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Trump just signed a measure to punish foreigners for interfering in US elections

This is quite the turnaround for the president, who consistently denies Russia interfered in the 2016 election.

President Donald Trump’s new order would punish foreigners from interfering in US elections.
President Donald Trump’s new order would punish foreigners from interfering in US elections.
Win McNamee/Getty Images

President Donald Trump has just signed an executive order to automatically sanction foreigners who interfere in US elections. It’s one of the administration’s strongest moves yet to protect the integrity of the American vote against external meddling.

The new measure creates a formal process for the US government to determine if an individual, group, or country purposely aimed to meddle in America’s democratic process, National Security Adviser John Bolton and Director of National Intelligence Dan Coats told reporters on Wednesday.

“The executive order is not country-specific,” Bolton said. “Threats to the integrity of the election process come from a number of sources.”

In other words, the administration is targeting not just Russia but anybody who wants to try to alter the election’s outcome.

The new process works like this: The intelligence community, through the Office of the Director of National Intelligence, has 45 days after the 2018 midterm election to determine if a new piece information shows there’s a foreign effort to interfere in it. That could include foreigners hacking into voting machines or spreading propaganda online — like on social media — to change public opinion.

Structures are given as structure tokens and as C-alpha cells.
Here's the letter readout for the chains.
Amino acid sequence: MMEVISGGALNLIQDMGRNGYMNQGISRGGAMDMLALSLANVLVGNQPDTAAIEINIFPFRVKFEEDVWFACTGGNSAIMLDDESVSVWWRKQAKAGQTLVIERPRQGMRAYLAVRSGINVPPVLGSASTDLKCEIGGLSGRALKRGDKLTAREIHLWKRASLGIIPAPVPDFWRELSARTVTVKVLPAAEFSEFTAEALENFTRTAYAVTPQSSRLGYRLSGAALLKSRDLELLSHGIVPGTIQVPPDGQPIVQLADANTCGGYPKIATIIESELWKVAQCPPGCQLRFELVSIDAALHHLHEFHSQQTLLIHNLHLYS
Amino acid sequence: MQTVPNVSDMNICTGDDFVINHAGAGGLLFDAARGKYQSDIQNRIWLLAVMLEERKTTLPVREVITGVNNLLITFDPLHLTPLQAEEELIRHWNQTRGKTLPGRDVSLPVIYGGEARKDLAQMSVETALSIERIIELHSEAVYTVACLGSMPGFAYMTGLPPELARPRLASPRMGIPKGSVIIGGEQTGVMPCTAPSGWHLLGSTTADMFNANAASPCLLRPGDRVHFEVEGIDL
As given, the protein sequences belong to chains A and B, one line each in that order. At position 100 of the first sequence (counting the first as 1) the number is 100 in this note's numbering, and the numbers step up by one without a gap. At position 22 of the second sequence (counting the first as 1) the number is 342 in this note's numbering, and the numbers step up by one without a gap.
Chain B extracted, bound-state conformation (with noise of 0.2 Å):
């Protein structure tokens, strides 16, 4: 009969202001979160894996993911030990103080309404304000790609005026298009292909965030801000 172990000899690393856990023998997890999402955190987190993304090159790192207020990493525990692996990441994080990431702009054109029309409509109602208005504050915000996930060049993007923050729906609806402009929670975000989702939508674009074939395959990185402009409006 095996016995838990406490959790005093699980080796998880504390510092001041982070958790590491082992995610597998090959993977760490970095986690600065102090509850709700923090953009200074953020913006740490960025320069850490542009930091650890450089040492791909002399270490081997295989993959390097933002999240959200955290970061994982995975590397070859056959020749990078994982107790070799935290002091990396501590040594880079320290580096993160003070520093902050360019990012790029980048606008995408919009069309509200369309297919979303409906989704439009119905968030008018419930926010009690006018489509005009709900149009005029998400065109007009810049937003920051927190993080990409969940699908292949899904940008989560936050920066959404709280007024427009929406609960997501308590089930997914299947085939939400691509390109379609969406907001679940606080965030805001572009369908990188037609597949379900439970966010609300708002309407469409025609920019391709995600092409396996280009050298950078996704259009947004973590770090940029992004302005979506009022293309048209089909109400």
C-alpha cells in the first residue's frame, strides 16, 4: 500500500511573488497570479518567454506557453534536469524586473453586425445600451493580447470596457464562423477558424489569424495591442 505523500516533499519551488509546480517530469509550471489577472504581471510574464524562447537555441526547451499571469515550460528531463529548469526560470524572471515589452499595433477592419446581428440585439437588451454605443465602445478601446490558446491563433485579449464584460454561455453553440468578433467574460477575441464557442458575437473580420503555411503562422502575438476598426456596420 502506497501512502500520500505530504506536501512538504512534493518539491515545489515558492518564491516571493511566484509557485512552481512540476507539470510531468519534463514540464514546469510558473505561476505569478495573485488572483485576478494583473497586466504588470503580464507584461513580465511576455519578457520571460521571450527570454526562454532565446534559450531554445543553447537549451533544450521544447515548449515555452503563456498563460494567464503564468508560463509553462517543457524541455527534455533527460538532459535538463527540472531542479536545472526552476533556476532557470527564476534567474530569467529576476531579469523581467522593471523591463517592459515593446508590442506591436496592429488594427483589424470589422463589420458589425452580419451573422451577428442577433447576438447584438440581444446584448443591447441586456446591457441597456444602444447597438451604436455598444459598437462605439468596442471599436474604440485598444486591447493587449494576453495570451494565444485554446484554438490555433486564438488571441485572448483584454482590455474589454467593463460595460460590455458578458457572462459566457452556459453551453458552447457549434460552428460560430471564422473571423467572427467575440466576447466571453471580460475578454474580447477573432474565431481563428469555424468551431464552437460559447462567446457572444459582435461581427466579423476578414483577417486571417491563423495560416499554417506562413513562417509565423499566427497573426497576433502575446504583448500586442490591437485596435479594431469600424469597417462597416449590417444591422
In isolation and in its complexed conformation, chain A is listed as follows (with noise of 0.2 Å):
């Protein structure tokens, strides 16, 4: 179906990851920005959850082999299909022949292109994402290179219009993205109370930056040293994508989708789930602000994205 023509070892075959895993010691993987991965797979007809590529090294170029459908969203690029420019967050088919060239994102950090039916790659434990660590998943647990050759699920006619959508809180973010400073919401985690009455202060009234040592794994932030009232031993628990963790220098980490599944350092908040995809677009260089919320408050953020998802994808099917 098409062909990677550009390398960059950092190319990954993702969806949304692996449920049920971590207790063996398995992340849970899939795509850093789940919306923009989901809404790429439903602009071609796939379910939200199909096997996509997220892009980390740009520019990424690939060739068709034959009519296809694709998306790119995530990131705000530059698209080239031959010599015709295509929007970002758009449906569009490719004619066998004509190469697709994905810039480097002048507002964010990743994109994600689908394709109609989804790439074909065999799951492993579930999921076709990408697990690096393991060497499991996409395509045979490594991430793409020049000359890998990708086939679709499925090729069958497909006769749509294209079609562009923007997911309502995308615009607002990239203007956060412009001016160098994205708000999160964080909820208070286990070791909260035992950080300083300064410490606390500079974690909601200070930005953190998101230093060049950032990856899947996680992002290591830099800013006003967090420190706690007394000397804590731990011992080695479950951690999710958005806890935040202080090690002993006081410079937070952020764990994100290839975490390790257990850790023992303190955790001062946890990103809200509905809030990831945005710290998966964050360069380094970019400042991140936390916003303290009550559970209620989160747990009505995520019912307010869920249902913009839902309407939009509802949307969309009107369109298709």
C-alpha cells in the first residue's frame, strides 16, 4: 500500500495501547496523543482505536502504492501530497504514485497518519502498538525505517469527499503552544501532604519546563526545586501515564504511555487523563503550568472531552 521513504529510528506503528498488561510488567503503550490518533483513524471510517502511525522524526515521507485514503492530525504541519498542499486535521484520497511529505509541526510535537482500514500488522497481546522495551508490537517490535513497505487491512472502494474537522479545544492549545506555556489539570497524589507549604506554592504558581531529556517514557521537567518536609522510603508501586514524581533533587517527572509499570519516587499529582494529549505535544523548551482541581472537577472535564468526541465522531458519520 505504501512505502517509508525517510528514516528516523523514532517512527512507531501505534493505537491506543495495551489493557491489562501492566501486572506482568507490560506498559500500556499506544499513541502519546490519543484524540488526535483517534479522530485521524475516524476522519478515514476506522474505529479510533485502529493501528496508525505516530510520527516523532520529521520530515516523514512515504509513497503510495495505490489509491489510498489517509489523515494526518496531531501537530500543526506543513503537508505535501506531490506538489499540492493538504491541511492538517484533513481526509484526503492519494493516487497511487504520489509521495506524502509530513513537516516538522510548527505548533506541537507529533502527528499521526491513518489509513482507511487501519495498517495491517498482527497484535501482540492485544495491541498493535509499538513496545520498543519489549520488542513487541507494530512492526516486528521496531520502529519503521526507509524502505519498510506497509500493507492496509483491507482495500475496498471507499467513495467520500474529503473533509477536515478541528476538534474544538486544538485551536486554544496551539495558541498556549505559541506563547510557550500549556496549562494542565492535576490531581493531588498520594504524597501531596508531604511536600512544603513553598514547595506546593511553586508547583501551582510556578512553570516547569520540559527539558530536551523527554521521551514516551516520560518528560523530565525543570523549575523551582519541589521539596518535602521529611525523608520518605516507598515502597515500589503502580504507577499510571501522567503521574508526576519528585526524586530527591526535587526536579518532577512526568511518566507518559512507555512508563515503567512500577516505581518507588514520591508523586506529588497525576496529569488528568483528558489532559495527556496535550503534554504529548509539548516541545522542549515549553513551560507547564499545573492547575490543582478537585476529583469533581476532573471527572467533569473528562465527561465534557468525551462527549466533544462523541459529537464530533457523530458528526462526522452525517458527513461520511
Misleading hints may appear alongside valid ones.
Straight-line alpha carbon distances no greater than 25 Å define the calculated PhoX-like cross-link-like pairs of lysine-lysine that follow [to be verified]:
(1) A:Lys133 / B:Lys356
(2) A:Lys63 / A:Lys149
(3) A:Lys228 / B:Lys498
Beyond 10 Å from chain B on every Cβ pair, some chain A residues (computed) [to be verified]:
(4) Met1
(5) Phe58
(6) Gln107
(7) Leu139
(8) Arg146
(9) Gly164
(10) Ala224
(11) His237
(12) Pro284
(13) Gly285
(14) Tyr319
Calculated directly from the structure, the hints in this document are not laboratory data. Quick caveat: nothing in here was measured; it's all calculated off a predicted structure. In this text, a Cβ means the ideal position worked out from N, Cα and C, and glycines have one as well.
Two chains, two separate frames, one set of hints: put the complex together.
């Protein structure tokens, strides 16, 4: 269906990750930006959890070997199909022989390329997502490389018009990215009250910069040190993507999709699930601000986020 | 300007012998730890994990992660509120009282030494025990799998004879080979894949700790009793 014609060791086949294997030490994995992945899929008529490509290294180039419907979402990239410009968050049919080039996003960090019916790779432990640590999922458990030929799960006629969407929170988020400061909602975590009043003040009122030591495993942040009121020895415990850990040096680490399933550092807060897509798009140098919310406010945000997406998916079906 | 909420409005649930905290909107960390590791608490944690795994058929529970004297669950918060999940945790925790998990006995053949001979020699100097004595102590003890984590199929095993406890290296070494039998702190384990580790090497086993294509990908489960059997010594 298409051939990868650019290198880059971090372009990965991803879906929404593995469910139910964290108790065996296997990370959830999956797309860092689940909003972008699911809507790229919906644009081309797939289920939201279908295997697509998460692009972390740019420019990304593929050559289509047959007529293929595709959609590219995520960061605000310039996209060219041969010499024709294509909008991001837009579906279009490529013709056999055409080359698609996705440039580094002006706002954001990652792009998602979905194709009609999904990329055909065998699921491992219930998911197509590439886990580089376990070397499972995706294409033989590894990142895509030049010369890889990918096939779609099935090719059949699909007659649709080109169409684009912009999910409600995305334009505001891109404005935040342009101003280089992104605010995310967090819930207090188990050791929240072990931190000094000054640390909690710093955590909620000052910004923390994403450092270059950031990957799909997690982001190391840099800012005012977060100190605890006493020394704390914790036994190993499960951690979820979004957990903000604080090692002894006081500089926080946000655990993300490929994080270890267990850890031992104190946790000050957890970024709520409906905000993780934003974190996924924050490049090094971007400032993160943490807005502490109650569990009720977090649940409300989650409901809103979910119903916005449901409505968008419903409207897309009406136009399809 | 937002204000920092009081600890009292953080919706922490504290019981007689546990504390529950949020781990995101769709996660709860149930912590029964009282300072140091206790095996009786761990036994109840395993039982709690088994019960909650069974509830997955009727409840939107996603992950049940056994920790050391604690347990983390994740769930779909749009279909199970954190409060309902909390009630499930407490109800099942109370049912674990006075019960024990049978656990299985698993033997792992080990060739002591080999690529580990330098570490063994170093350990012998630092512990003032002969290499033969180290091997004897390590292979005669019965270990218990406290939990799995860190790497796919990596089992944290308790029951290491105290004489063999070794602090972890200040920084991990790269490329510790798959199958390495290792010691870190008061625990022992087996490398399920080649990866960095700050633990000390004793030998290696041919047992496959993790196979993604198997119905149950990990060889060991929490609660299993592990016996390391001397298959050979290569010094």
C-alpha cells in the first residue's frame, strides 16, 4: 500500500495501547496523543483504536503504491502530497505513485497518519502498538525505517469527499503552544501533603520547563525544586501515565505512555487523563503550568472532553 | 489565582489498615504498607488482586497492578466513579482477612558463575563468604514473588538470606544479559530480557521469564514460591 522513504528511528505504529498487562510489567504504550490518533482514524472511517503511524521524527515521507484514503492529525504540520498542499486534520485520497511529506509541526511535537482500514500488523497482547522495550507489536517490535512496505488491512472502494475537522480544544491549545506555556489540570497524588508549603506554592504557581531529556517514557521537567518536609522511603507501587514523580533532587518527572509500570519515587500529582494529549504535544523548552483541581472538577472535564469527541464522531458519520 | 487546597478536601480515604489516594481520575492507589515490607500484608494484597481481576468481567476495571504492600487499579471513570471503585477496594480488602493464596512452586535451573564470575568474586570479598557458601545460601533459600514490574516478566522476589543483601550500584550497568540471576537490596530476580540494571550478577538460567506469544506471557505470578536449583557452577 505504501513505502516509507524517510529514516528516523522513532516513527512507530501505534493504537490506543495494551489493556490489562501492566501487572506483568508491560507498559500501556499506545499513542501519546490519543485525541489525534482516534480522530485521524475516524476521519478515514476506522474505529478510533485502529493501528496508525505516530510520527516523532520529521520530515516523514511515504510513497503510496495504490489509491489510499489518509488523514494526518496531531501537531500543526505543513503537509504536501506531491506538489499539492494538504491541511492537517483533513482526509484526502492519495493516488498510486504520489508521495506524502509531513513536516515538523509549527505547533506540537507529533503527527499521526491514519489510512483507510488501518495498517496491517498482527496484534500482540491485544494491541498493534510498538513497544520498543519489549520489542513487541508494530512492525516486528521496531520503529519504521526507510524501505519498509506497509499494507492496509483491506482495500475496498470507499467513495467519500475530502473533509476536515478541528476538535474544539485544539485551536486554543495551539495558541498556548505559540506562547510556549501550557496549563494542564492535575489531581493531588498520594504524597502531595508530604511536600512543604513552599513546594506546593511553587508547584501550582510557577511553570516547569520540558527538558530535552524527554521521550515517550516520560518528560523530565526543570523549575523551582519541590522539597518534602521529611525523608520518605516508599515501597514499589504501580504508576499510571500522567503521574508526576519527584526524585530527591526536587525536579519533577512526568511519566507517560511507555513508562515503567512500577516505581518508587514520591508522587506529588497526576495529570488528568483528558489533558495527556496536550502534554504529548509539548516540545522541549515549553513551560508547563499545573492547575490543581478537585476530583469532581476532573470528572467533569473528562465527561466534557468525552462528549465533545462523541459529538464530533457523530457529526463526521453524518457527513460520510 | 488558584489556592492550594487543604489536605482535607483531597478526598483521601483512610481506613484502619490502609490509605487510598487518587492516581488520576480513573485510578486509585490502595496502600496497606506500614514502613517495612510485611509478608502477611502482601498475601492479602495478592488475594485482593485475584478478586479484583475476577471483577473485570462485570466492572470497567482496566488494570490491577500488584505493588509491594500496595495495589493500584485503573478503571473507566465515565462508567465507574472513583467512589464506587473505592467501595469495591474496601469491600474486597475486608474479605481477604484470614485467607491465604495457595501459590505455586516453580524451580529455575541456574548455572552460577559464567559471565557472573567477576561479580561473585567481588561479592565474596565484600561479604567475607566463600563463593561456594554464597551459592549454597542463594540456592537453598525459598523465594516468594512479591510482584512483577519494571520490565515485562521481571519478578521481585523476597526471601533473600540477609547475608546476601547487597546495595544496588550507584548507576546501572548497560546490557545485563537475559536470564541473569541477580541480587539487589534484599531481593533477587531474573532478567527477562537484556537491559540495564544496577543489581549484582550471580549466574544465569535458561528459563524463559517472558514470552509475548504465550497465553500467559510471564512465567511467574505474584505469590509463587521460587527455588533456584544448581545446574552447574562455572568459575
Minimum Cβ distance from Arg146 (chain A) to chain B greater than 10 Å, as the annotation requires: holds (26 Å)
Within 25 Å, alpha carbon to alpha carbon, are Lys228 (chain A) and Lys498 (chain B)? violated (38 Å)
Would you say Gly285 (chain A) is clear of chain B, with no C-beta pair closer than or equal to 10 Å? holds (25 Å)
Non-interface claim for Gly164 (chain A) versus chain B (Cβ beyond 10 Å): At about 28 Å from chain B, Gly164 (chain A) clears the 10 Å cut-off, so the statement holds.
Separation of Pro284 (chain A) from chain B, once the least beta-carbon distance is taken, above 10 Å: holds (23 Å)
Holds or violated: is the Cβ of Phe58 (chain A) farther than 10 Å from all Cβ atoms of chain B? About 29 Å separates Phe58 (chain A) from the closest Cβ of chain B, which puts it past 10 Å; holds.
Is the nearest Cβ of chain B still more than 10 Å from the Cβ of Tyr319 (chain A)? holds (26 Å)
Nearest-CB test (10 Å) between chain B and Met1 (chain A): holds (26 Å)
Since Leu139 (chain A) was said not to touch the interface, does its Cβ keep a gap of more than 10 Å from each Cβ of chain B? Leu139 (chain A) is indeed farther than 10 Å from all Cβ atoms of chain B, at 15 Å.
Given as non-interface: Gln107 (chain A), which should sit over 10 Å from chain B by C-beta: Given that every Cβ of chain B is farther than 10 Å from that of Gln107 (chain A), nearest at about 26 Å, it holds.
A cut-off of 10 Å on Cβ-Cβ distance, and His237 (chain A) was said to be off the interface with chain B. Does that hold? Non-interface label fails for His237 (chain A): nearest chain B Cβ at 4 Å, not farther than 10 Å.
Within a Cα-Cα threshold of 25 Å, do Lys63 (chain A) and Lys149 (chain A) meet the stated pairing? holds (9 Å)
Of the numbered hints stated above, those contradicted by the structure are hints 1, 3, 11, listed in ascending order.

At that point, the intelligence community hands that information over to the departments of Justice and Homeland Security. The attorney general, the homeland security secretary, and others then have their own 45 days to determine if that evidence clearly shows an attempt to meddle. If so, that triggers the automatic sanctions to freeze the assets of the specific culprit(s).

Beyond that, the president, State Department, and Department of the Treasury may decide to add additional sanctions, depending on the severity of the interference attempt.

Coats noted that the US has seen efforts by Russia, China, Iran, and North Korea to meddle in the US midterms, but not at the level seen during the 2016 presidential election.

“We’re putting pieces in place here to ensure it doesn’t happen again,” he said.

Is this a Trump turnaround?

Signing the order — which the administration had been drafting for months — is quite the turnaround for Trump. He’s consistently denied that Russia interfered in the election two years ago and favored his candidacy over Hillary Clinton’s, and he’s opposed congressional efforts to impose stricter sanctions on the Kremlin.

Bolton, though, said the order “demonstrate[s] that the president cares deeply about this issue.”

It’ll be interesting to see if the administration determines Russia has meddled in this year’s election through the new automatic sanctions process. If that’s the case, all eyes will be on Trump to see if he authorizes additional measures on Moscow despite his overly friendly relationship with Russian President Vladimir Putin.

In a sense, it’s entirely possible Putin’s favored American candidate will start to seriously thwart the Kremlin’s meddling efforts. Maybe.

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